|President-elect Trump at a press conference in Trump |
Tower, 01/17/2017. (Reuters photo: Shannon Stapleton)
The idea that FISA could be used against political enemies always seemed far-fetched. Now it might not be.
Remember the great debate over “the Wall” following the 9/11 attacks? “The Wall” was a set of internal guidelines that had been issued by the Clinton Justice Department in the mid 1990s. In a nutshell, the Wall made it legally difficult and practically impossible for agents in the FBI’s Foreign Counter-Intelligence Division (essentially, our domestic-security service, now known as the National Security Division) to share intelligence with the criminal-investigation side of the FBI’s house. Those of us who were critics of the Wall — and I was a strenuous one, beginning in my days as a terrorism prosecutor who personally experienced its suicidal applications — made several arguments against it.
My favorite argument, which I have repeated countless times, centered on how preposterous were the underlying assumptions of the Wall. This was far easier for prosecutors than journalists, academics, and the public to grasp, because we dealt with the Justice Department’s different chains of command for criminal and national-security investigations.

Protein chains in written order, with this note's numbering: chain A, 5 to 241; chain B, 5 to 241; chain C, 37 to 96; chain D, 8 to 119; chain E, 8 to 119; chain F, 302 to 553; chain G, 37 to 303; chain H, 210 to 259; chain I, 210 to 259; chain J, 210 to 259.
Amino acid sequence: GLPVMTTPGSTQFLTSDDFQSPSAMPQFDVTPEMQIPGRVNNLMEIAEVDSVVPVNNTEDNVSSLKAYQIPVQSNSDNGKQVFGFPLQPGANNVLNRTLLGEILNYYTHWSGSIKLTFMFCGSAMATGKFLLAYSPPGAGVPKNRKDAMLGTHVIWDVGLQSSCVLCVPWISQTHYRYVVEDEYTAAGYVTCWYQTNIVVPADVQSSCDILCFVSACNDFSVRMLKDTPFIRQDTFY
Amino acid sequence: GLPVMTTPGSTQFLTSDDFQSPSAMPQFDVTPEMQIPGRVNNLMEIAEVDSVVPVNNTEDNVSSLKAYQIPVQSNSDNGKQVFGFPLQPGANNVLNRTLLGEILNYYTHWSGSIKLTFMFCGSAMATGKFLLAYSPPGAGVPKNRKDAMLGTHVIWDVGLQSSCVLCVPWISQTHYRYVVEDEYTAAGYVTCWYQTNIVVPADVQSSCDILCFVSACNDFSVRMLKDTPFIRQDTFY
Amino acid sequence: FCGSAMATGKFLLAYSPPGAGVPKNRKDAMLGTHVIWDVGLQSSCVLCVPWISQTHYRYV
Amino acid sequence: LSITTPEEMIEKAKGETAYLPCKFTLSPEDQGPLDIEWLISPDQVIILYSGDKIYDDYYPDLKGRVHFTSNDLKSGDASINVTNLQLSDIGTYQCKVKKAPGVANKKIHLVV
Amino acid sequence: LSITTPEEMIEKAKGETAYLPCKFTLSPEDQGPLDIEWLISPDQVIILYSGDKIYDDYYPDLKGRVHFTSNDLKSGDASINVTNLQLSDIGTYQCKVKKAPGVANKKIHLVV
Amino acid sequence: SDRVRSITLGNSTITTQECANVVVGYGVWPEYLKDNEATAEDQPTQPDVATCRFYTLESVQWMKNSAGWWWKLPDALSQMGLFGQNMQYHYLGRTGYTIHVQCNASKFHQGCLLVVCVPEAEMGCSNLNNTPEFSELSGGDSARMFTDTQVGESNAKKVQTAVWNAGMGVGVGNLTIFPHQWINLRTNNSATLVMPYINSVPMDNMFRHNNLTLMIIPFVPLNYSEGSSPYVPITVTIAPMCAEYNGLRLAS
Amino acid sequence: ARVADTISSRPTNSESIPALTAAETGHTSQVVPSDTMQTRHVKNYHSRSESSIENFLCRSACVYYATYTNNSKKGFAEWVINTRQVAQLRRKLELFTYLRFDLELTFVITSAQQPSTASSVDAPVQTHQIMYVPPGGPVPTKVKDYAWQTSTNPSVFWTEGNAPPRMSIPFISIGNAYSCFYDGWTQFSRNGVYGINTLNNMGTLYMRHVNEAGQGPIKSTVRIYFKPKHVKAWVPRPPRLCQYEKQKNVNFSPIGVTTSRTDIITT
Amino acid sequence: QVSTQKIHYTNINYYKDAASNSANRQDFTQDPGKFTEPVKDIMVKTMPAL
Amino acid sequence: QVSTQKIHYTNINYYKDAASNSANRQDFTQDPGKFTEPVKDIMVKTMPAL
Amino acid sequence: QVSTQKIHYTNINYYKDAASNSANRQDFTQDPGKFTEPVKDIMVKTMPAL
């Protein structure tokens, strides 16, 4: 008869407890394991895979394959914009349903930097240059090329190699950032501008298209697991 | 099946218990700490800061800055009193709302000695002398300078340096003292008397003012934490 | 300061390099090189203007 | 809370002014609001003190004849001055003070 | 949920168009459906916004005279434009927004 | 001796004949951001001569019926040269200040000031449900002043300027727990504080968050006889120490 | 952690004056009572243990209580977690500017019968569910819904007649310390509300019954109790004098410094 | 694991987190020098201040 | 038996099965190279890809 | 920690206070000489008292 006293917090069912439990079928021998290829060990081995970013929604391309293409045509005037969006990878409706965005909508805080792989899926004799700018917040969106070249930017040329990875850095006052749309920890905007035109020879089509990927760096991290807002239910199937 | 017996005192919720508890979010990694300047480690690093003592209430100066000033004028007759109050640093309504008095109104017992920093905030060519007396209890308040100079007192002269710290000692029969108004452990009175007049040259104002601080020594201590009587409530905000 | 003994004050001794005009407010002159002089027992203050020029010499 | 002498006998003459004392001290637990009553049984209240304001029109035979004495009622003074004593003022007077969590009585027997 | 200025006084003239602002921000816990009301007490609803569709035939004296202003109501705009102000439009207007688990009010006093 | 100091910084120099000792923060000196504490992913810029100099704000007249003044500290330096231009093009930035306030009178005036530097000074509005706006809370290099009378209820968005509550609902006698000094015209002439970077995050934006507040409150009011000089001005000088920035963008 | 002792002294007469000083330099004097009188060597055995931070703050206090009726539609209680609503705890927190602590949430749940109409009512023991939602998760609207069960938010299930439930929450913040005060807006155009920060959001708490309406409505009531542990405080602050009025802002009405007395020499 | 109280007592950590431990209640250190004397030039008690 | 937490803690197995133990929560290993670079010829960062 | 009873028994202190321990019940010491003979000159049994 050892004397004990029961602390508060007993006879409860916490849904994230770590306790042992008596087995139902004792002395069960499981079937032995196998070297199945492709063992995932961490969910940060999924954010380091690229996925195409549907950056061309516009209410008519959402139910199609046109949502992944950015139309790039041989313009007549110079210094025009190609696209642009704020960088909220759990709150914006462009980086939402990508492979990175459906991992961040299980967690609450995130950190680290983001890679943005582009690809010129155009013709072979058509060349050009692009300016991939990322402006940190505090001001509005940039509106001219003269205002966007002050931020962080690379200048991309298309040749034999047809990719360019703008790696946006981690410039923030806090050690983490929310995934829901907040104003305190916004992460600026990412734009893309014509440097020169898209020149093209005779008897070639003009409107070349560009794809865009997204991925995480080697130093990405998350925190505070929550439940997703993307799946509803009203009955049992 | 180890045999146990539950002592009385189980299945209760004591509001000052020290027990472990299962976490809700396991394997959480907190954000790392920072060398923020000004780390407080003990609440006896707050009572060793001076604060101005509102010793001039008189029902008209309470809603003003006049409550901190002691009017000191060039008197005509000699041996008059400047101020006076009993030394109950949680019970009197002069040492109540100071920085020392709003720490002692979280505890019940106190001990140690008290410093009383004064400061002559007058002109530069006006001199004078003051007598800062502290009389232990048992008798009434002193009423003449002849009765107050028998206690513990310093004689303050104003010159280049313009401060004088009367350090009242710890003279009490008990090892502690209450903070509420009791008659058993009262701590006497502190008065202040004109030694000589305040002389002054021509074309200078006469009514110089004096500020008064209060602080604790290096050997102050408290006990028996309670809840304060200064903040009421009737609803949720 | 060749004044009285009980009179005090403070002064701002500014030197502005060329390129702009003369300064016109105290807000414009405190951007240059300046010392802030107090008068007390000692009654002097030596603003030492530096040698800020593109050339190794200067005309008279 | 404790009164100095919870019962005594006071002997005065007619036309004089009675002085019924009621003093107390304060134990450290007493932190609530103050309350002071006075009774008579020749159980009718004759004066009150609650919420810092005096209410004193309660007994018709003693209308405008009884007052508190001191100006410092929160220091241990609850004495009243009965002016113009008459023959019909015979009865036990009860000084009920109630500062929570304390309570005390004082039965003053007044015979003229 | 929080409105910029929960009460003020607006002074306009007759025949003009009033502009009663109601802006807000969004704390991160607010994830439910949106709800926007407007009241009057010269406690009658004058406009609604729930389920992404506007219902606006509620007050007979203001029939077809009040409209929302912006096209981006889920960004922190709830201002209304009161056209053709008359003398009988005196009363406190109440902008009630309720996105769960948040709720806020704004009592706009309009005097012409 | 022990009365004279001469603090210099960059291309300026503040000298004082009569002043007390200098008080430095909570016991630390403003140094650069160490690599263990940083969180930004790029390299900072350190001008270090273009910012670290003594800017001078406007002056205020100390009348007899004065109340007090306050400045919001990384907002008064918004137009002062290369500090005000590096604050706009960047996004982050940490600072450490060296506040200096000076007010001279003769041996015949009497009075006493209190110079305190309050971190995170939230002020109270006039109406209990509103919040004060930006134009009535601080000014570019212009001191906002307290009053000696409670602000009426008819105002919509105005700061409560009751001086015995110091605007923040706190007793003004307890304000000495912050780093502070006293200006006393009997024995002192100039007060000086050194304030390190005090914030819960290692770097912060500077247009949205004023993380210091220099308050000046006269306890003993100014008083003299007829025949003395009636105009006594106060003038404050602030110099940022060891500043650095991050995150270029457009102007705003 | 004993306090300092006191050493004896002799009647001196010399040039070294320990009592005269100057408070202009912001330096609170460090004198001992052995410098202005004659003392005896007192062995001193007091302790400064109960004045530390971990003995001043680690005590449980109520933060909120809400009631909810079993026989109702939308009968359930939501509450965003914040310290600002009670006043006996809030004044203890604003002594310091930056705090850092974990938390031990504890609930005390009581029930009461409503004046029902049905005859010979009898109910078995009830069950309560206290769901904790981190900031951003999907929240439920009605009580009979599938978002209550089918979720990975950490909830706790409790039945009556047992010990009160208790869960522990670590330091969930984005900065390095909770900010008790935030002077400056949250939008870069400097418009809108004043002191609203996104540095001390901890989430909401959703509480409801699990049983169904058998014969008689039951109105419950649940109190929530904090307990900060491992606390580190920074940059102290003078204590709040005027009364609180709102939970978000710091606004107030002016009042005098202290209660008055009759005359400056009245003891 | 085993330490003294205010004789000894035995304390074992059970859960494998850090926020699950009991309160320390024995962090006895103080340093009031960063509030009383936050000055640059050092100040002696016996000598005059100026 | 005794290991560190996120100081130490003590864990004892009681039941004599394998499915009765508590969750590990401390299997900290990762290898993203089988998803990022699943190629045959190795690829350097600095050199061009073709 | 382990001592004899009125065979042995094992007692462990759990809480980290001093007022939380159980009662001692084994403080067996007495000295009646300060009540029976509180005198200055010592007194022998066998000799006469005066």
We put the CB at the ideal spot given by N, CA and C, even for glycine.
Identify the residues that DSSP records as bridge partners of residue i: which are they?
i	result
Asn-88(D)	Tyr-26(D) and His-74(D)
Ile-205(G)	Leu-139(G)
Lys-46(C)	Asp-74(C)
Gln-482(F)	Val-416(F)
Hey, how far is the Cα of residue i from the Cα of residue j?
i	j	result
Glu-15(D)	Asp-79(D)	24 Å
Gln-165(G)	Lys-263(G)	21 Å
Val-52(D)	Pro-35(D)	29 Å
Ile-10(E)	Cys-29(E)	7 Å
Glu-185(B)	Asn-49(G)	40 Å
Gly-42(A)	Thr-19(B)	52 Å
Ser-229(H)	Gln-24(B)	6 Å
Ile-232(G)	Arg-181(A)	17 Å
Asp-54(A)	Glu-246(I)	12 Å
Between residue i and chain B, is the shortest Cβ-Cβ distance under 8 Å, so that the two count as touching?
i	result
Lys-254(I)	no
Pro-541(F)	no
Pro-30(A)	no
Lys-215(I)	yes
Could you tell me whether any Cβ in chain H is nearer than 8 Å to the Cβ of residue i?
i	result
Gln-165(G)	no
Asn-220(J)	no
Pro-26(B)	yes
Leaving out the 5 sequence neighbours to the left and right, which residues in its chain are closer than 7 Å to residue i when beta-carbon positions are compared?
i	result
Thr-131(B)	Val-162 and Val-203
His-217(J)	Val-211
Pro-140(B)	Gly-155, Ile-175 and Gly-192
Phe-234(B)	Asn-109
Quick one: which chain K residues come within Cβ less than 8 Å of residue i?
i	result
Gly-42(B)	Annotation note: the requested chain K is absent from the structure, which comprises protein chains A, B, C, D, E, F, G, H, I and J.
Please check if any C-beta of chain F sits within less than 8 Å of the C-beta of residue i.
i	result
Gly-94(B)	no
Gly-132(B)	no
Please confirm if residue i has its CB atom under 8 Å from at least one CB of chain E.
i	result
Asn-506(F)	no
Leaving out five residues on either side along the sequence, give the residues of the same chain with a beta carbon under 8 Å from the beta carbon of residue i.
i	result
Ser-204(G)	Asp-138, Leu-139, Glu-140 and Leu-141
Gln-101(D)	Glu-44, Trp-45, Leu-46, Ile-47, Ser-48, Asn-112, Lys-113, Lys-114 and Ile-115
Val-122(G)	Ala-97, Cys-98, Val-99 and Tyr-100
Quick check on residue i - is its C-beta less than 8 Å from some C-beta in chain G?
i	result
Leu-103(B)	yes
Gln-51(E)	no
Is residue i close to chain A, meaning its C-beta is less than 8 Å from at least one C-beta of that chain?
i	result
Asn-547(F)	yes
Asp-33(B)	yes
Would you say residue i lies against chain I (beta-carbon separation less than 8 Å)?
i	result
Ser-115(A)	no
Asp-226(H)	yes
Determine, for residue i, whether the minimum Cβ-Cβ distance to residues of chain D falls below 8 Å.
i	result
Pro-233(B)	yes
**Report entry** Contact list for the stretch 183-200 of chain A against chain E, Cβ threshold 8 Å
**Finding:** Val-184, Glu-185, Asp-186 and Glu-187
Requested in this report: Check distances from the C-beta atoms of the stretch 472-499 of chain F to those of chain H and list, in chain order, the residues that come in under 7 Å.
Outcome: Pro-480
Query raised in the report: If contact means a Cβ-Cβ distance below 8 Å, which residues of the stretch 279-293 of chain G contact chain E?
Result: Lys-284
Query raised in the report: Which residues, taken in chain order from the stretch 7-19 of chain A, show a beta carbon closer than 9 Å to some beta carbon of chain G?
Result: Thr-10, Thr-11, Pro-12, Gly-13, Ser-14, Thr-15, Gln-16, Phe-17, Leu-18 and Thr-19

Alas, after 20 years, I may have to revise my thinking.
The theory of the Clinton DOJ brass in imposing the Wall was the potential that a rogue criminal investigator, lacking sufficient evidence to obtain a traditional wiretap, would manufacture a national-security angle in order to get a wiretap under the 1978 Foreign Intelligence Surveillance Act (FISA). A traditional wiretap requires evidence amounting to probable cause of commission of a crime. A FISA wiretap requires no showing of a crime, just evidence amounting to probable cause that the target of the wiretap is an agent of a foreign power. (A foreign power can be another country or a foreign terrorist organization.)Read the rest from Andrew McCarthy HERE.
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